• Document all inventory purchases.
  • Hire, train, and review the performances of new staff.
  • Coordinate with on-site staff including electricians, contractors, and architects to ensure the correct process.
  • Supervise on-site electrical operations and report any serious difficulties to the higher management.
  • Conduct labor and material estimates.
  • Inspect and analyze any renovation projects.
  • Provider emotional and technical assistance when required.
  • Establish high-quality work habits that match the objectives of their business and the career sector.
  • Coordinate projects and monitor timetables to ensure crew members accomplish their tasks on time.
  • Prepare code calculations for projects.
  • Create and produce layout drawings and sketches for projects.
  • Manage contract agreements and requirements for projects.
  • Minimize mistakes and solve issues fast.
  • Train new electricians or build a team of crew members that offer training to new electricians.
  • Create machinery drawings, operating diagrams, and control panels.
  • Estimate the cost of labor and materials required to perform tasks.
  • Review plans and drawings to assess the electrical demands of a project.
  • Manage projects from conception to end, including planning and scheduling work, monitoring progress, and maintaining quality control.
  • Inspect work to verify that it fulfills safety standards and industry norms.
  • Meet with customers to discuss design concepts and organize schedules with other contractors participating in the project.
  • Manage the budget by acquiring supplies and materials required for construction or repairs.
  • Ensure safety requirements are fulfilled by personnel on site and give training as required.
  • Review designs with architects or engineers to verify they fulfill code standards and make suggestions for adjustments where appropriate.
  • Maintain records of work accomplished, materials utilized, and labor expenses related to each project.



  • An electrical engineering or related subject bachelor’s degree.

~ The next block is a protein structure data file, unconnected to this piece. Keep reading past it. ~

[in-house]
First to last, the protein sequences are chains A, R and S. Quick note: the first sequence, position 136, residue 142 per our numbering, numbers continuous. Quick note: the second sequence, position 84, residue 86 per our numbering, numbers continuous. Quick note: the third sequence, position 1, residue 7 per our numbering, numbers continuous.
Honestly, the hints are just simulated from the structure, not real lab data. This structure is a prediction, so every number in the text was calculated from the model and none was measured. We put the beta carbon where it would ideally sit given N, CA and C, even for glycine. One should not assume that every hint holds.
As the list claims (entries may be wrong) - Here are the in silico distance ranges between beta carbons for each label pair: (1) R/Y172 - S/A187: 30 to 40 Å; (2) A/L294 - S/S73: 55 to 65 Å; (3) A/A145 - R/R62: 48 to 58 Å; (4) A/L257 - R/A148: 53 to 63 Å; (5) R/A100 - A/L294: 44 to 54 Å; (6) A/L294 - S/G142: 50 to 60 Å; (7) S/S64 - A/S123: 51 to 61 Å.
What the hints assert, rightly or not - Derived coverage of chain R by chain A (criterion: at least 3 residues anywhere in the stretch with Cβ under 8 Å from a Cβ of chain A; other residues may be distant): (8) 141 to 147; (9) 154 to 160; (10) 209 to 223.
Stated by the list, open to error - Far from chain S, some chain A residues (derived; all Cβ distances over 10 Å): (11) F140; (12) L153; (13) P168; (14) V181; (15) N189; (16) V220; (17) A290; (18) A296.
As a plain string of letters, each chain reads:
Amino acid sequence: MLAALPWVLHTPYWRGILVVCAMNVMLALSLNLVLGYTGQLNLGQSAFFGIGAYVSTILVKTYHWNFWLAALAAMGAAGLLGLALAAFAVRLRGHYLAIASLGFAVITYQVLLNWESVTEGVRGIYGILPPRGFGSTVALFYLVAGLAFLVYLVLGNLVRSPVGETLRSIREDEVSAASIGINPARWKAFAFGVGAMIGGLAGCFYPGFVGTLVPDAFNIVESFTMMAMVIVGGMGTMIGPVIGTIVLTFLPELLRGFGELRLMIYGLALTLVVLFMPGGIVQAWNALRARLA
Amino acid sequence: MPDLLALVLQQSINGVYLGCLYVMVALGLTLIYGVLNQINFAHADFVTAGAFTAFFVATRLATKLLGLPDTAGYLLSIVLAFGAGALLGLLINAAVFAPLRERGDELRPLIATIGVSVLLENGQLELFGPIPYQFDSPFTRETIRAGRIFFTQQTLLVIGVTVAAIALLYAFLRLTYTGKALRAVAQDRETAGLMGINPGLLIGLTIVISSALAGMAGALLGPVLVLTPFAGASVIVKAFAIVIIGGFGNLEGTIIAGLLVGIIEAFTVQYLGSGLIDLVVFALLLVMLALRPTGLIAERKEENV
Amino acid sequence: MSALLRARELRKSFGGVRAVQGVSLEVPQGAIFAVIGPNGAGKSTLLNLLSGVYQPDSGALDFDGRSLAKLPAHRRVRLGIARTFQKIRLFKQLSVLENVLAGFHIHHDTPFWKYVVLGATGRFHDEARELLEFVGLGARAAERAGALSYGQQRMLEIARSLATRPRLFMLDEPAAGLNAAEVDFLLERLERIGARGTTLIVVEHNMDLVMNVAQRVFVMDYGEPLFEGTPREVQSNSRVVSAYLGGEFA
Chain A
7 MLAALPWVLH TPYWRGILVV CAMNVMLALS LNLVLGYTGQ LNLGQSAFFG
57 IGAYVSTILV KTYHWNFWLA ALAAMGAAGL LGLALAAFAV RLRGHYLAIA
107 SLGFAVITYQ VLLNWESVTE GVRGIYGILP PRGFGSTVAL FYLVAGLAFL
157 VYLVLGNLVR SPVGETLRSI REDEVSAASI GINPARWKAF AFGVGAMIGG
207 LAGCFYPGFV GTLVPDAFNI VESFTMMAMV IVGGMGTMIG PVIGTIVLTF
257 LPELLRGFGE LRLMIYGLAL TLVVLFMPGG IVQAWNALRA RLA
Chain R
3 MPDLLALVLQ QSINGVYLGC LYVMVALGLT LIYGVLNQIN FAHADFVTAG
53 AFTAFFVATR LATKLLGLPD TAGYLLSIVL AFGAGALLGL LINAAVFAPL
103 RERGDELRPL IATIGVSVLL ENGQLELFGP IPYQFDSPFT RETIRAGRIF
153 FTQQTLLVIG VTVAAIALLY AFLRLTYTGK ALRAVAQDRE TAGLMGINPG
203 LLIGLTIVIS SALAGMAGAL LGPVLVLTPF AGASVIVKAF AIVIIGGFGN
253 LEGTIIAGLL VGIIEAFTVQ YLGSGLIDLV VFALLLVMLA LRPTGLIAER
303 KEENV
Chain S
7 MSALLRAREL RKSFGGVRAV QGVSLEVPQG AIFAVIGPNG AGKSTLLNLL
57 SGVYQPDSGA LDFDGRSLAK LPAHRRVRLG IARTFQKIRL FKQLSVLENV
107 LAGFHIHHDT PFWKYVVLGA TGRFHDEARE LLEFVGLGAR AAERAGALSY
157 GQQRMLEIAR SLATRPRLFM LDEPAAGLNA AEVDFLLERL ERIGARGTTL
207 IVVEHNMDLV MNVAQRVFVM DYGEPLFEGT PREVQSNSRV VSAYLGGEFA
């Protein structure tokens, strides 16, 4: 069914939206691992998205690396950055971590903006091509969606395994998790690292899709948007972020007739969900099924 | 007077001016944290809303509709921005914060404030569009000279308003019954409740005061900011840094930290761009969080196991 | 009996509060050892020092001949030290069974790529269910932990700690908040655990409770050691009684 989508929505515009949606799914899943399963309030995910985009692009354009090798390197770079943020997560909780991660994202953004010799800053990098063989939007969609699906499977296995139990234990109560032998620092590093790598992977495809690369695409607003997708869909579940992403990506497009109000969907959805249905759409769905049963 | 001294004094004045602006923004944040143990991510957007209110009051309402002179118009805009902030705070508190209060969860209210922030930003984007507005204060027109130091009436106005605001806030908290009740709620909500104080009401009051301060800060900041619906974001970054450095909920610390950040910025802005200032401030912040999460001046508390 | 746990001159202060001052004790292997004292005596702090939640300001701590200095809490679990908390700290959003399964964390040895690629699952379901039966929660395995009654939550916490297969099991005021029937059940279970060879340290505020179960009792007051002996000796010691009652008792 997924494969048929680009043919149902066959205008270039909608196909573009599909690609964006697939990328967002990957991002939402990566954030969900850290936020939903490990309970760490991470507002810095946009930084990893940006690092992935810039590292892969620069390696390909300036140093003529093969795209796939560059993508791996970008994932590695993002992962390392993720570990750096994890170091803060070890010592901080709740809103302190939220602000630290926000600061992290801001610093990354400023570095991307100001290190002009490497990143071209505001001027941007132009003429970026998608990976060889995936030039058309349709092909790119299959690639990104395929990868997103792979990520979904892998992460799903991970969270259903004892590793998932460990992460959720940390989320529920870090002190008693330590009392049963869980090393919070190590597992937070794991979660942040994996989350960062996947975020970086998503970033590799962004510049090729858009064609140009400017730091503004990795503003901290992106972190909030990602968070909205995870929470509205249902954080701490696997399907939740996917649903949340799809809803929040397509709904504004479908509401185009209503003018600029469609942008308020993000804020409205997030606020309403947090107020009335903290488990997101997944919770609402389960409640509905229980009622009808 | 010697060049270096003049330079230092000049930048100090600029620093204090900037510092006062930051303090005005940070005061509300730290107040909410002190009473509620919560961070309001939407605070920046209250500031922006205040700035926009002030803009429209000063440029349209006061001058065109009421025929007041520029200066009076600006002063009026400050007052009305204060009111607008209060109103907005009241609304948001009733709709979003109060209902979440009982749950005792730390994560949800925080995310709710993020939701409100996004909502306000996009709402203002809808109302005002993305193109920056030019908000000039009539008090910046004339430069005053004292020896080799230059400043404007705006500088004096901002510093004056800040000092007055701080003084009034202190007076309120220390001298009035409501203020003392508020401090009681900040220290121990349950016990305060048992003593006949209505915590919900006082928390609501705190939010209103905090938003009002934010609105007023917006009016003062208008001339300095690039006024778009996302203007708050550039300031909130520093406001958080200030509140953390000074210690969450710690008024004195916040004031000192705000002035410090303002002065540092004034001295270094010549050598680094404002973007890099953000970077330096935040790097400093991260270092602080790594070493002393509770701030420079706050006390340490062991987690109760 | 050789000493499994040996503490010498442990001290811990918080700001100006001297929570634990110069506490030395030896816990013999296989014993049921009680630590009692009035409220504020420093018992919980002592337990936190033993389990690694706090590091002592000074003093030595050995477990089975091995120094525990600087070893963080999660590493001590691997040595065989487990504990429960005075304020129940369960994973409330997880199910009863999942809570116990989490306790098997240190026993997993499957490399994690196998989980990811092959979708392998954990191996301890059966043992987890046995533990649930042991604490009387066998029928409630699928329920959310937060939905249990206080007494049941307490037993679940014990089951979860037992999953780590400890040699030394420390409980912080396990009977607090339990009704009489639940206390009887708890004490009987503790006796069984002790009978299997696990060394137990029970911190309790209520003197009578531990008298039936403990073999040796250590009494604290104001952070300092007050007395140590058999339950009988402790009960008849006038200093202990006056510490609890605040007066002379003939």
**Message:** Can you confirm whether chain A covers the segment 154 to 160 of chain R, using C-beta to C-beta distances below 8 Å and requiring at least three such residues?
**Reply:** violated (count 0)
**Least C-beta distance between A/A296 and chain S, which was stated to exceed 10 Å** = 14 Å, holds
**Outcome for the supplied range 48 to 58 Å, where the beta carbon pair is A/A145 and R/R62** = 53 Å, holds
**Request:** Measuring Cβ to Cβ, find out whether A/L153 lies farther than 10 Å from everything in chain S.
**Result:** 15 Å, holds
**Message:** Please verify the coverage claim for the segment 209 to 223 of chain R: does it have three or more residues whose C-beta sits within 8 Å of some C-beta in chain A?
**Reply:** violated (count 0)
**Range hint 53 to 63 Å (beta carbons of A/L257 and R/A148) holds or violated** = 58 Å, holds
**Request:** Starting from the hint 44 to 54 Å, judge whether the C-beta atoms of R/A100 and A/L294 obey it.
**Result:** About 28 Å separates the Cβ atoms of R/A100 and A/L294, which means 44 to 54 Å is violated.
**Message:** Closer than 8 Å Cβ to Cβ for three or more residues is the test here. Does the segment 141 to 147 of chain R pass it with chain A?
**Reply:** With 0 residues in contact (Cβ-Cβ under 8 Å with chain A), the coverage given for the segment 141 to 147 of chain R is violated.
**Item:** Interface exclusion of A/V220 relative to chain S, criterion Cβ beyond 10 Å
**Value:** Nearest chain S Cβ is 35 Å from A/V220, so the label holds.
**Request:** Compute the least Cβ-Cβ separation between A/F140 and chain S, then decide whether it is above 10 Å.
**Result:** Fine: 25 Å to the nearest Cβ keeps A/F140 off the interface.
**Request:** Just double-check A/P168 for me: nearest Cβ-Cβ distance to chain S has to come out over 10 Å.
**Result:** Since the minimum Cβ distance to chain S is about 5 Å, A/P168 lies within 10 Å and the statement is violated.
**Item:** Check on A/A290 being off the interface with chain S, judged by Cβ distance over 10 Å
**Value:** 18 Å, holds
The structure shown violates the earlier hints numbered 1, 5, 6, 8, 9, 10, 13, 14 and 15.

• A track record of success as an electrical supervisor at work.
  • Strong managerial and leadership abilities.
  • Comprehensive understanding of industrial and commercial electrical systems.
  • Outstanding communication abilities.
  • Knowledge of state safety and electrical codes.
  • Superior troubleshooting abilities.
  • Simple computing abilities.
  • A keen sense of detail.


Essential Skills

  • Making Decisions: Supervisors of electrical systems must be able to make judgments involving those systems. Making decisions regarding the equipment to use, how to install it, and what safety precautions to take when dealing with high-voltage power is all part of this. Making wise judgments can assist guarantee a safe and proper installation of the electrical system. Additionally, it guarantees that after the electrical system is finished, it will work as intended.
  • Customer service: The capacity to give your consumers a satisfying experience is known as customer service. You might deal with customers directly as an electrical supervisor or indirectly through other workers. Due to their ability to foster relationships and uphold client happiness, customer service abilities are crucial. These abilities can also be put to use while collaborating with coworkers to find professional solutions to problems.
  • Safety Measures: Electrical supervisors must be educated on safety, which is a crucial component of electrical work. When working on electrical projects, electrical supervisors need to know how to establish a safe workplace for their team members and the general public. They must also make sure that all workers adhere to the rules and guidelines for safety.
  • Electricity upkeep: The ability to repair and maintain electrical equipment is a requirement for electrical maintenance. This entails resolving problems, replacing broken parts, and ensuring that electrical systems are functioning correctly. To make sure that all electrical equipment is operating correctly and safely, electrical supervisors need to have great maintenance abilities.
  • Project Administration: Electrical supervisor can oversee the conclusion of significant projects with the right project management abilities. They might be in charge of delegating duties, keeping an eye on project schedules, and guaranteeing that every part of a project is finished on schedule. Strong project management abilities can help electrical supervisors make sure their team completes tasks quickly and safely.
  • Communication: The ability to communicate information clearly and concisely is referred to as communication. To finish projects on schedule and within budget, electrical supervisors must be able to communicate with their team, clients, and suppliers. Electrical supervisors can assign duties more efficiently and make sure that everyone is aware of safety procedures by using good communication skills.
  • Budgeting: Planning your spending is the process of budgeting. When developing project budgets, electrical supervisors use budgeting techniques, which include cost estimation and identifying the resources required. These abilities are also put to use when they need to buy tools or materials for their electrical projects.